I’d actually never heard of this one before, and came across it randomly from a more hard-core fantasy fan than me. It’s a novel from the 1920’s by a contemporary of Virginia Woolf who amusingly referred to the author as “prickly and perverse…rather conspicuously well dressed” and whom Neil Gaiman champions as a lost author of great merit.
The story is about a town built on the edge of Fairy called Lud-In-The-Mist, and revolves around the town denial of all things magical, the town Mayor Chanticleer who is a little strange, and a very old murder. Events spiral when the Mayors son eats fairy fruit, which is the biggest social faux pas and psychologically dangerous thing a person can do, and the local doctor Endimyon Leer suggests that the child be sent away to the country to recover. But the doctor is not all he appears to be, and has a plot of his own against the Chanticleers and against Lud-In-The-Mist.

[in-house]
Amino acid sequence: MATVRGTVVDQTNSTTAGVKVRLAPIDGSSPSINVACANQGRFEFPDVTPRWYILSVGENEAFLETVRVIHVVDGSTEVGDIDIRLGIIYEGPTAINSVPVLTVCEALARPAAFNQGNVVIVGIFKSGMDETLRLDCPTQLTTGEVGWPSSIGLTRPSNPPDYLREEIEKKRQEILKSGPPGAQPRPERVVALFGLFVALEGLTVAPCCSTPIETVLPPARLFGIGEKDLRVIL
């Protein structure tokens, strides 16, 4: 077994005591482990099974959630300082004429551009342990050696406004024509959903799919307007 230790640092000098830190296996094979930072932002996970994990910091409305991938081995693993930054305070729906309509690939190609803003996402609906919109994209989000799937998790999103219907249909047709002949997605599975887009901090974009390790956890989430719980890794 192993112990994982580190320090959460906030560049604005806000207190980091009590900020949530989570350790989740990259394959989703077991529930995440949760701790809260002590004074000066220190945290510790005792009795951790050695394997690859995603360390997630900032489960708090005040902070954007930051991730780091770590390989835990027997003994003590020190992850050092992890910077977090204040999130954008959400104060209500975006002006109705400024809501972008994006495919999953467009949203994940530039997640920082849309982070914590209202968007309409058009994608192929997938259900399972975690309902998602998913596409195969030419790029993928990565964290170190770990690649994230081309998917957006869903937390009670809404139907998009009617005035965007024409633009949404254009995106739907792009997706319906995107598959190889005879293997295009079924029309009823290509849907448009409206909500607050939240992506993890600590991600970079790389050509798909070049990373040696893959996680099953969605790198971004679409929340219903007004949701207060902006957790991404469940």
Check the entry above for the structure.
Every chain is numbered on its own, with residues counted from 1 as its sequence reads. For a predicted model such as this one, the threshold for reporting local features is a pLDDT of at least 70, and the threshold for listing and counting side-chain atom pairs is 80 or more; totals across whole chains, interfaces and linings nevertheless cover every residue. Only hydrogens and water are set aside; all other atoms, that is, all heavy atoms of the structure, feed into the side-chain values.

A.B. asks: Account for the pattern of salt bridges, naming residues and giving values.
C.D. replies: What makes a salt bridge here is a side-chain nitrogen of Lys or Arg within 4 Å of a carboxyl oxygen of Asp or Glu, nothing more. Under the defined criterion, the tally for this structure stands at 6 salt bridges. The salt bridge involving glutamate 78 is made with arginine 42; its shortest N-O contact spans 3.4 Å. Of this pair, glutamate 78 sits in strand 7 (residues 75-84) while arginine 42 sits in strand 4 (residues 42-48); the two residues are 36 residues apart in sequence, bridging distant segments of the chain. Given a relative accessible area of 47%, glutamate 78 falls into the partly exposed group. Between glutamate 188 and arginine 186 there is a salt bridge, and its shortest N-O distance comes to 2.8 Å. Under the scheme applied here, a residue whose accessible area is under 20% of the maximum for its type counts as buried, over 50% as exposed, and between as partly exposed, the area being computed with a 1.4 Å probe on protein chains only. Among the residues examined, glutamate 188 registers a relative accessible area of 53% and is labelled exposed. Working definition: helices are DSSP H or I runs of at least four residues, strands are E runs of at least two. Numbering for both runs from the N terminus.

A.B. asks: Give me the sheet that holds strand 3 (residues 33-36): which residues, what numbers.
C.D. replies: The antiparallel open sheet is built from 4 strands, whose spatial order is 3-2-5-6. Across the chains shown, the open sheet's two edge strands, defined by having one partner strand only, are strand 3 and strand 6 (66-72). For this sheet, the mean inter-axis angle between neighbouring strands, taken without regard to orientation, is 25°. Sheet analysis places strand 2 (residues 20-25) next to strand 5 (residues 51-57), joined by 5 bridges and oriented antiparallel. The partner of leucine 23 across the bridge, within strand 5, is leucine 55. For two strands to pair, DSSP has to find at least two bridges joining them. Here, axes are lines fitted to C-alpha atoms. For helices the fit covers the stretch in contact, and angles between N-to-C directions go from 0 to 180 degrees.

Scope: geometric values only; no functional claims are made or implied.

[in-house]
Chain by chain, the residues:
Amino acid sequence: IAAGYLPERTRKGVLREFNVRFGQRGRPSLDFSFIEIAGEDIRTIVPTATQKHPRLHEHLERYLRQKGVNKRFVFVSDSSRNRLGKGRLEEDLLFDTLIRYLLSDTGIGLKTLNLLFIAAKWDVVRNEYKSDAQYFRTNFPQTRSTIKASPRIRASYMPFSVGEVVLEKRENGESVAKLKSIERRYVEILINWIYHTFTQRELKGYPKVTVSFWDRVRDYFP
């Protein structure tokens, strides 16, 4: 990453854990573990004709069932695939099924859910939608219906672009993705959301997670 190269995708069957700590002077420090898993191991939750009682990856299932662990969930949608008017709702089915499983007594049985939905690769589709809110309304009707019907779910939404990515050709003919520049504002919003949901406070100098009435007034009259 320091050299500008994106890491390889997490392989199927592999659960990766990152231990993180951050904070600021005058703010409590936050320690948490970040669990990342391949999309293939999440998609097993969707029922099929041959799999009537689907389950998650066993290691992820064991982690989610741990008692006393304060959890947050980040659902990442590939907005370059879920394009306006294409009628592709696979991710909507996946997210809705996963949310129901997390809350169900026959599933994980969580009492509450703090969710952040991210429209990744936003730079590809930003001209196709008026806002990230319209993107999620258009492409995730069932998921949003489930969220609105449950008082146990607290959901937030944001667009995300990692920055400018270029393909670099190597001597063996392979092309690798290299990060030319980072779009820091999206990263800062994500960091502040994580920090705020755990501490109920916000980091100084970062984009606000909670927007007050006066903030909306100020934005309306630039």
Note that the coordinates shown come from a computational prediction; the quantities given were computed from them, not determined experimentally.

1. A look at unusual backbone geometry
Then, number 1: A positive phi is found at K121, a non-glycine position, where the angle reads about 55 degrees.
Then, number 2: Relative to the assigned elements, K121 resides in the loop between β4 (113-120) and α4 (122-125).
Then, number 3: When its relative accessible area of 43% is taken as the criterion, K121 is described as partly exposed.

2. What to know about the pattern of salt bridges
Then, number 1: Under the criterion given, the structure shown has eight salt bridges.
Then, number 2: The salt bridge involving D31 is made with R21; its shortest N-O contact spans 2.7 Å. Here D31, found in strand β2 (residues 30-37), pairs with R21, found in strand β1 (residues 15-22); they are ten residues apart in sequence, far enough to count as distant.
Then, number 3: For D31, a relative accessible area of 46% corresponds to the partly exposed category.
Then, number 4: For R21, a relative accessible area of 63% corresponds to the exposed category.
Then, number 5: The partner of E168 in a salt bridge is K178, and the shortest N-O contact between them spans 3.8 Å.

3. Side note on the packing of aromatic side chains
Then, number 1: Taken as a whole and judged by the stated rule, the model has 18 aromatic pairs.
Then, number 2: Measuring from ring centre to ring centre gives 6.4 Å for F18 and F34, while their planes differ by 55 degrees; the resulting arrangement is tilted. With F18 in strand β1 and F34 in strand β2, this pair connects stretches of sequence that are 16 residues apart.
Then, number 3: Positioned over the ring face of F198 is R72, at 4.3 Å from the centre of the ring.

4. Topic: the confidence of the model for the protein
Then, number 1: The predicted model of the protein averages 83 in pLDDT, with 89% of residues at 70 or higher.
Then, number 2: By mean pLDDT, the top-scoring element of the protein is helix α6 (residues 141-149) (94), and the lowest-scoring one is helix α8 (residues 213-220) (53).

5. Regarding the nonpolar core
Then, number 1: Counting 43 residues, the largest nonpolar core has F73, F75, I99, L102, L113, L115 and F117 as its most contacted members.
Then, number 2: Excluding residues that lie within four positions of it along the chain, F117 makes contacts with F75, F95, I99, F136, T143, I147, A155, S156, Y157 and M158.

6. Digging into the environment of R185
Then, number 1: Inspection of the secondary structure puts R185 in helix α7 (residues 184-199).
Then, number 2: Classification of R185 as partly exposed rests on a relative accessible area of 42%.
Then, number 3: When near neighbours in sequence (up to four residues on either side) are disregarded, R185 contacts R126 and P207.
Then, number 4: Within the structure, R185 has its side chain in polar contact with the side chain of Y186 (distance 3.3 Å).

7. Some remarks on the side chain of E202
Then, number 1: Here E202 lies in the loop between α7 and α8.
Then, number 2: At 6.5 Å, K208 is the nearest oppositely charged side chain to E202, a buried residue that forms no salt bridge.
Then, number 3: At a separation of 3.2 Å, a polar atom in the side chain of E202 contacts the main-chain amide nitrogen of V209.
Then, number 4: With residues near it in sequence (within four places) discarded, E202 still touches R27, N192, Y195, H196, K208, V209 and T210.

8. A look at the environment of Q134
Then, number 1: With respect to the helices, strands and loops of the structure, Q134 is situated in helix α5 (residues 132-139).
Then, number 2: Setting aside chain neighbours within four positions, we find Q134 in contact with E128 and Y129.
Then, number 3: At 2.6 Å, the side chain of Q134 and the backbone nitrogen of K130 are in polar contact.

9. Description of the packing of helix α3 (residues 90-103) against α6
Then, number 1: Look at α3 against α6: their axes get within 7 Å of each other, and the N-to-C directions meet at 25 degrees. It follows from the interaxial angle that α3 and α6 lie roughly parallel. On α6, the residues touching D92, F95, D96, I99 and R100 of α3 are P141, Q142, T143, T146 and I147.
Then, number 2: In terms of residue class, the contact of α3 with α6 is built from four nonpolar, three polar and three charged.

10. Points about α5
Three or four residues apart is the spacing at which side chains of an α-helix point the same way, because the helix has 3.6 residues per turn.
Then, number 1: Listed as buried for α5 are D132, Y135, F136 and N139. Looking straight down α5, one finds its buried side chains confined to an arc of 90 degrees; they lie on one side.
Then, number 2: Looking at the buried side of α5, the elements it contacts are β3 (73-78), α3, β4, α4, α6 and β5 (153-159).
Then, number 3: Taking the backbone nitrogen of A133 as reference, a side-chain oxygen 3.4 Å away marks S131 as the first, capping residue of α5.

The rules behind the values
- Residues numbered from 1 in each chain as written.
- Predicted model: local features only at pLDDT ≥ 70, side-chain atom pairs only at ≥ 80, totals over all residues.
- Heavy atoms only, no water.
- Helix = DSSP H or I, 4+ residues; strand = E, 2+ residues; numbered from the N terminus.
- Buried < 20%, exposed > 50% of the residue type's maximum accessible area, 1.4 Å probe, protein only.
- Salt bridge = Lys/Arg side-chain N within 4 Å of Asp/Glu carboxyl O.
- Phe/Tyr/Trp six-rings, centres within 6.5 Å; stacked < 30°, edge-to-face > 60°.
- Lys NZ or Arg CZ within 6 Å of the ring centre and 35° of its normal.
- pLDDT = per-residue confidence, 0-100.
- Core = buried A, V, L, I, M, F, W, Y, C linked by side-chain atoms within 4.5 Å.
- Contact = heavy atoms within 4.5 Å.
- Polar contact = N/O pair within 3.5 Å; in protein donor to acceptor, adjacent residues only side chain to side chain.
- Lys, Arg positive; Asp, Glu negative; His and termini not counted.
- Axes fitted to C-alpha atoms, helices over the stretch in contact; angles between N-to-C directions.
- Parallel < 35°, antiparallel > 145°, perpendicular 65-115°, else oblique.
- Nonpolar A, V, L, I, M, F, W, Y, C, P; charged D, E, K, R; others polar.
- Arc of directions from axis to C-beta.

An unusual little book, written with compassion and humour, it mocks some social mores and lampoons character types, whilst also being a great mystery and ripping yarn. The fairy elements are rather dark and not at all twee, like the cover might suggest. It’s the fairy of old: dark, a little twisted, dangerous and often not what it seems. It’s not Tinkerbell.
Truly, a forgotten gem.
Read It If: A must read for all fantasy fans, or for those who like the Bloomsbury set or adult fairy tales.